Herron Audio M150 monoblock power amplifier Manufacturer's Comment
Editor: I want to thank Michael Fremer and John Atkinson for their time spent evaluating the M150 amplifier. I also want to thank Michael particularly for his warm hospitality and a fun afternoon during my visit. He has an amazing record collection.
I was disappointed to see by John's measurements that the idle current of the M150 review samples had been set slightly on the low side at the factory, resulting in the crossover notch shown in fig.4. This would have taken away from the transparency of the units.
The higher price tags of many of today's fine speakers led us to investigate a more extensive approach to speaker protection than is commonly done. This circuitry is refined and does not activate while listening to music, but may engage when a stylus is accidentally dropped on a record at a high volume level or a piece of selected source equipment is first turned on. We have seen it trip when the input interconnect RCA cable is partially pulled out of the M150 input (a loss of the input ground connection). The M150 will pass music, but may inhibit testing with signals that are not suitable for speakers.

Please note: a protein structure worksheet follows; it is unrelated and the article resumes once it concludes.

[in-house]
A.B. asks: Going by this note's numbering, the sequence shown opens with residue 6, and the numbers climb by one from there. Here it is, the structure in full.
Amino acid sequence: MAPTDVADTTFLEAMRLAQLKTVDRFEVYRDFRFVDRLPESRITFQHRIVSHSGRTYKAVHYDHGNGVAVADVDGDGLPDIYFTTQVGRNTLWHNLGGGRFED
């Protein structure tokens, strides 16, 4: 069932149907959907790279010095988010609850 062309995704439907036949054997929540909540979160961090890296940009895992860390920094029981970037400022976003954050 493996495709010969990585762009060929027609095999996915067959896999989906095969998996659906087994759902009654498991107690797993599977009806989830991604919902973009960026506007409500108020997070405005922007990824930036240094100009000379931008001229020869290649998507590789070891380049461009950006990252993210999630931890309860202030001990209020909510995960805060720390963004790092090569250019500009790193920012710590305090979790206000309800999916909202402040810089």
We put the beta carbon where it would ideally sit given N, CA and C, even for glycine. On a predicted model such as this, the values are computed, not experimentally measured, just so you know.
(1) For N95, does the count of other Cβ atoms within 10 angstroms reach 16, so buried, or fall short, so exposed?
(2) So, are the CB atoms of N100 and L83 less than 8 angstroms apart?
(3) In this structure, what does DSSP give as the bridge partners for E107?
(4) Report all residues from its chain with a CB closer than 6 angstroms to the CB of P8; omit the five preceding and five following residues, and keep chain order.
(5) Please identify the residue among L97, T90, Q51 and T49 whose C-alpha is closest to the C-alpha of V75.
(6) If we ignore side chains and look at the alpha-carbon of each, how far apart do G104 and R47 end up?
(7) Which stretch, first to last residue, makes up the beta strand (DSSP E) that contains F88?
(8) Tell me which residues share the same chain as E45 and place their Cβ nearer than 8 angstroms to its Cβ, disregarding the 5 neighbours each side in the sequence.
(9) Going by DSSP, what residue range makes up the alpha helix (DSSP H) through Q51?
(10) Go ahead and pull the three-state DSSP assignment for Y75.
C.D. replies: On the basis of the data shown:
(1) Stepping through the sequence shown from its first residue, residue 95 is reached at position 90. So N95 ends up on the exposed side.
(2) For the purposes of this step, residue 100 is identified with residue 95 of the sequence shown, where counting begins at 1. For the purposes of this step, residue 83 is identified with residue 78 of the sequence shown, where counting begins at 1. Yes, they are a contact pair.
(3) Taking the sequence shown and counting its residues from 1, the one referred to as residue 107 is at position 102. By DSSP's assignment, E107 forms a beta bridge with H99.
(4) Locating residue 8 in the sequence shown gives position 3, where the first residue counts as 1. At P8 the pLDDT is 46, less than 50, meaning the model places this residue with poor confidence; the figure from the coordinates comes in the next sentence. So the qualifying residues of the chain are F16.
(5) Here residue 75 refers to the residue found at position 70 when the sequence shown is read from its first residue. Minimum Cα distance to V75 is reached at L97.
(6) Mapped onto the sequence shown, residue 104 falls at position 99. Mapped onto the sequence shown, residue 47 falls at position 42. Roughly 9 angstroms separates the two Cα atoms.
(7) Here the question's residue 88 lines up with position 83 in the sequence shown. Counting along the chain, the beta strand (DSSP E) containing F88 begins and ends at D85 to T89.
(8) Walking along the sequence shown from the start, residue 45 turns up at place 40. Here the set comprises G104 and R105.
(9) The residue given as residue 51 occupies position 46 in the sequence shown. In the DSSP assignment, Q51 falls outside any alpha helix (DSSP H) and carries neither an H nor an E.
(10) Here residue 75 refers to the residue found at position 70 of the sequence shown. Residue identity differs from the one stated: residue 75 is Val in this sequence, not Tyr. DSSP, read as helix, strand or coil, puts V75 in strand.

I knew before the review that conventional testing with the protection circuits enabled would be a frustrating experience, and John, I apologize to you for that. Any test or operating condition where there is a DC signal component at the input, or if the amplifier is driven to hard clipping, may temporarily engage the speaker-protection (mute) circuitry. The amplifier also has extensive self-protection in the form of volt-amp current limiting, saturation prevention, short-circuit protection, and temperature compensation, which keeps all internal devices in their specified safe operating area under all normal use conditions. We have been producing the M150 for nearly a year and so far have had no failures, instability, or protection problems reported. The M150 will remain stable even with a 1181F film capacitor connected directly across its output.
A lower-gain power amplifier will typically produce a lower overall system noise floor (less hiss), especially when used with a vacuum-tube line stage. The nominal 24dB gain of the M150 was selected for that reason. For best performance, the M150 is recommended for nominal speaker loads of 4 ohms and above.—Keith Herron, President, Herron Audio